In the face of ICE’s increasingly aggressive worksite enforcement action, all employers, particularly those engaged in business sectors that involve critical infrastructure, national security, or employ large numbers of unskilled or semi-skilled workers should take steps to prepare for a possible, unannounced visit by agents of ICE. Such steps should include establishing clear and consistently applied policies on: (i) avoiding the hiring of any employees without authorization to work for the employer; (ii) termination of employees who are found to be without authorization to work or to be out of legal status; (iii) I-9 compliance including timely completion of Form I-9s; (iv) avoiding national origin and citizenship discrimination; and (v) dealing with the receipt of a “No-Match” letter from the Social Security Administration (SSA) or notice of discrepancy from DHS.

Employers also should carefully consider whether to voluntarily join DHS’s E-Verify program. It is a free Internet-based electronic employment eligibility verification system which employers can use to confirm that newly hired employees are authorized to work in the United States. The system compares social security number data and information in DHS’ immigration databases to the employee’s name and other Form I-9 information to confirm that the employee’s information matches that in government databases. If the data and information being compared does not match, USCIS notifies the employer of the non-confirmation. If a worker shows up as “employment authorized” the employer records the system-generated verification number on the Form I-9 or prints out the confirmation and attaches it to the I-9. On the other hand, if an employer gets a “tentative non-confirmation,” the employer must promptly provide the employee with information about how to challenge the information mismatch and the employee can then contest the determination and resolve the mismatch with the SSA or the DHS. Should the employee choose not to contest the finding, the determination is considered final and the employer may terminate the employee and resolve the case. If the employee elects to contest the tentative non-confirmation, the employee will have eight federal work days to resolve the issue. The employee may continue to work while the case is being resolved.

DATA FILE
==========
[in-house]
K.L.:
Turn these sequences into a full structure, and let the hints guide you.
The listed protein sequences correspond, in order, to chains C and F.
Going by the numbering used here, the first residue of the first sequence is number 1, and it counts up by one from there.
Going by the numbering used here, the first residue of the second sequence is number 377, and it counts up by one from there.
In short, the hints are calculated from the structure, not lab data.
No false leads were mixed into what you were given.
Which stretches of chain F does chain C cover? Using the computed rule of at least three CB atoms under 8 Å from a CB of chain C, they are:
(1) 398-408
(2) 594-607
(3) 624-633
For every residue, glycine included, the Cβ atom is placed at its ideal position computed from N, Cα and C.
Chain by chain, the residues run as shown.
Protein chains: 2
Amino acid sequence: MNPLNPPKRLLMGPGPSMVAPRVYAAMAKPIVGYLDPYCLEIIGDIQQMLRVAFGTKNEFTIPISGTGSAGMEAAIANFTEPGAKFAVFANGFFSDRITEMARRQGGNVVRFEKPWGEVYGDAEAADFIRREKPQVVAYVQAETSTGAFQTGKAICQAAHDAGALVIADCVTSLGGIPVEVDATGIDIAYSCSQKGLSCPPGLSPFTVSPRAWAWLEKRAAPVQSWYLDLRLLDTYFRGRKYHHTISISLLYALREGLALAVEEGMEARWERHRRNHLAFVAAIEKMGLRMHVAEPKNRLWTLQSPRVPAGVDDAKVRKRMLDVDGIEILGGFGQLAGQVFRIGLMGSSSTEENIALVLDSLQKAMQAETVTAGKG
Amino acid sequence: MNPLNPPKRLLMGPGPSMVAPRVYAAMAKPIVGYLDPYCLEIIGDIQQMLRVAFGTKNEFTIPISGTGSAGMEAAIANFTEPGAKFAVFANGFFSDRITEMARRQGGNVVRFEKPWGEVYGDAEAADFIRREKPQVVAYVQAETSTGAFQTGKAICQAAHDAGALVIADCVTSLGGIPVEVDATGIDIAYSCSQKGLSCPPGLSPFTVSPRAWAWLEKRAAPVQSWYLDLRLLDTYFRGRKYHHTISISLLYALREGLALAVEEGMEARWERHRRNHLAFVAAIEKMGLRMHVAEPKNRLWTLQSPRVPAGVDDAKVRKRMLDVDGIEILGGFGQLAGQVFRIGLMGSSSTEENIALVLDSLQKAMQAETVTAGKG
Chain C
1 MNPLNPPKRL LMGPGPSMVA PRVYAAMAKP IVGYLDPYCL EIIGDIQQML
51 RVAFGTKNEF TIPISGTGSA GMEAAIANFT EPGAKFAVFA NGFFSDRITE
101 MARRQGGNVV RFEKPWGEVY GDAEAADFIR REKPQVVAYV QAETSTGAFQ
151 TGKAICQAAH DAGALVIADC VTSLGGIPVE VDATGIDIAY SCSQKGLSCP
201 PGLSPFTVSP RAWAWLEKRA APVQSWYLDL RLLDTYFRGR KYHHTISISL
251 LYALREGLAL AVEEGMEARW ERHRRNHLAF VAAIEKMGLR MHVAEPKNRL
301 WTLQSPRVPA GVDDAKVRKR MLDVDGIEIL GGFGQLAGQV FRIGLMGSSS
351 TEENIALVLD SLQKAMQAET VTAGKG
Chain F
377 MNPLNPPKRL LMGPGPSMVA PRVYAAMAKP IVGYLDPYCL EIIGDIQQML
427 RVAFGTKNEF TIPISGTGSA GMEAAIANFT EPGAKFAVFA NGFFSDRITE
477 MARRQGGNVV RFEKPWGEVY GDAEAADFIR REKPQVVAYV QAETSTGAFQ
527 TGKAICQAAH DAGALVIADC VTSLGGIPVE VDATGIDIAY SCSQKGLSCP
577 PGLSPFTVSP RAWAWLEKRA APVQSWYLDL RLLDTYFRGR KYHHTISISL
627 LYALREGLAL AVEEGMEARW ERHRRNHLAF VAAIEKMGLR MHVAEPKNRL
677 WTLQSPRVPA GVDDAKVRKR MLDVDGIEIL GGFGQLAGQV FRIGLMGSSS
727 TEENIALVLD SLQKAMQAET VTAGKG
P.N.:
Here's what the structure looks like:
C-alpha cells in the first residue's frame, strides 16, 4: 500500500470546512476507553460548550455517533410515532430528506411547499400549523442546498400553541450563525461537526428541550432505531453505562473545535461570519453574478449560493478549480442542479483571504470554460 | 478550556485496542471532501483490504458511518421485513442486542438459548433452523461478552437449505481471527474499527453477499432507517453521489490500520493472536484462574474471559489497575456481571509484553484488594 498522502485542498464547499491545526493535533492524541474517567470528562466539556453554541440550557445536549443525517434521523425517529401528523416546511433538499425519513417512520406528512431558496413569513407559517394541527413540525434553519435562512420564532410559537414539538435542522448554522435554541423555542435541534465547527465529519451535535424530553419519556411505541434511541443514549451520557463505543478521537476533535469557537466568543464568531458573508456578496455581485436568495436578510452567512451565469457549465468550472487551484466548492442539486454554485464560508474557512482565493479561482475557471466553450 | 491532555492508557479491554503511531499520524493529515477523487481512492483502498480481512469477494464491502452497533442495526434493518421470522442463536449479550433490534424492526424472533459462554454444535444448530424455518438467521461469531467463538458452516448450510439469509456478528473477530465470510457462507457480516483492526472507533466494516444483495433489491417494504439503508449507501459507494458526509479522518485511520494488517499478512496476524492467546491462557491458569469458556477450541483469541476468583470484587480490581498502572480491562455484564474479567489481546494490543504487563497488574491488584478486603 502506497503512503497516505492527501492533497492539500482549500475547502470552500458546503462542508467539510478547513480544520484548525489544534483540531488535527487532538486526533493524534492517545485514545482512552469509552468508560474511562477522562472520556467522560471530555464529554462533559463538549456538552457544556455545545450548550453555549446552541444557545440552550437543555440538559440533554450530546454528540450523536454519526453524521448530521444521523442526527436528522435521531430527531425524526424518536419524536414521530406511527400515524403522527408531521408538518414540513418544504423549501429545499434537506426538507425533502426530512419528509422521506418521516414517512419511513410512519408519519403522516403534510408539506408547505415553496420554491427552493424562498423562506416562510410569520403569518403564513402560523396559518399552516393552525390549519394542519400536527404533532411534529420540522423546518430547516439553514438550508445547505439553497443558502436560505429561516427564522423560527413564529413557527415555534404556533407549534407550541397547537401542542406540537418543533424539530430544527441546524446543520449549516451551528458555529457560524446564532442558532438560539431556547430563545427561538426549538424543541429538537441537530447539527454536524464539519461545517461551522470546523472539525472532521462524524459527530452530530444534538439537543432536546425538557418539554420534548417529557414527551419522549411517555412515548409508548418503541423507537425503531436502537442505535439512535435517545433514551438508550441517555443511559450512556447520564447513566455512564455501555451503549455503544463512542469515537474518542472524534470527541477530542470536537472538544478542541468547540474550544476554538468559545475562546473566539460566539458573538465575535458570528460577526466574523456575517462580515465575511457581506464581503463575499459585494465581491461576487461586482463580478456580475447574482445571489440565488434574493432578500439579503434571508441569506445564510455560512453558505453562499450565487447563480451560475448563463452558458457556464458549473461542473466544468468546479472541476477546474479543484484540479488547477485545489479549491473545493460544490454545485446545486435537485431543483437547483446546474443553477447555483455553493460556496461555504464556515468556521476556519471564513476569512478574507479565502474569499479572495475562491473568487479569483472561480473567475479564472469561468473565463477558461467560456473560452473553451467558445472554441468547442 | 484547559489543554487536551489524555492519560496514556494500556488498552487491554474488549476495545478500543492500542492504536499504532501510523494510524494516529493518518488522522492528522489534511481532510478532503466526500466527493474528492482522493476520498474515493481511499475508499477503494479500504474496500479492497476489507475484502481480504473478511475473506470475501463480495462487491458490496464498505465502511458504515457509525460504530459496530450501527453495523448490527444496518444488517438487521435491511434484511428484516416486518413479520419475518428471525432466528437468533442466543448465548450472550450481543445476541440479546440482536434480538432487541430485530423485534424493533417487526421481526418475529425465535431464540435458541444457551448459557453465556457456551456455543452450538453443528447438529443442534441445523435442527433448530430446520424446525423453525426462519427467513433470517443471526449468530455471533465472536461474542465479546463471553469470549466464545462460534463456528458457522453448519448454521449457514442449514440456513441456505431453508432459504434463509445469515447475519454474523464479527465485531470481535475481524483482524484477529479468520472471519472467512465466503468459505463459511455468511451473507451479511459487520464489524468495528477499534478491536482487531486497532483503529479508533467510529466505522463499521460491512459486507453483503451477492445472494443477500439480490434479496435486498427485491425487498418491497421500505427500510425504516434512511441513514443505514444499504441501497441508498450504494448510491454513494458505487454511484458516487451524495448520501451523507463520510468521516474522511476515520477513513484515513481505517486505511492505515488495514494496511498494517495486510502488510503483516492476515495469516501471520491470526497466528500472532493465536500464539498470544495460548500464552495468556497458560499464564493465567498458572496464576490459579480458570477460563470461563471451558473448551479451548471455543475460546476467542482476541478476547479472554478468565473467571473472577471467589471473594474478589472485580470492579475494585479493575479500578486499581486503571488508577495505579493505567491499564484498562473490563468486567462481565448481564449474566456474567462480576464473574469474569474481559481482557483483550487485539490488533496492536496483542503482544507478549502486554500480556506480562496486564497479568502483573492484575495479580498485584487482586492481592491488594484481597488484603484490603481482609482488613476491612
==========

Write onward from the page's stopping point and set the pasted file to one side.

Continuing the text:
Participating in E-Verify, on its face, may seem a simple, straightforward decision for an employer to make to help ensure that newly-hired employees are authorized to work in the United States. However, there are obligations that an employer accepts when joining this Employers Take Notice – Worksite Enforcement is an ‘ICE’ Top Priority program that should be taken into account in the decision-making process. Specifically, in order to participate in E-Verify, an employer must register online at the DHS E-Verify page and accept the electronic Memorandum of Understanding (MOU) that details the responsibilities of the Social Security Administration, Department of Homeland Security and the employer. By joining the E-Verify program, including signing the MOU, an employer agrees, among other things, to notify DHS of any employee the employer continues to employ after a final nonconfirmation and thereby face fines of between $500 and $1000 in each such case. The employer also gives permission to DHS and SSA officials to visit the employer’s worksites to review E-Verify and related records (Forms I-9, SSA transaction records, DHS verification records as well as other related employment records) and to interview the employer’s authorized agents or designees regarding the employer’s experience with E-Verify for the purpose of evaluating E-Verify. Moreover, it is important to keep in mind that the granting of such permission may constitute a waiver of 4th Amendment protections.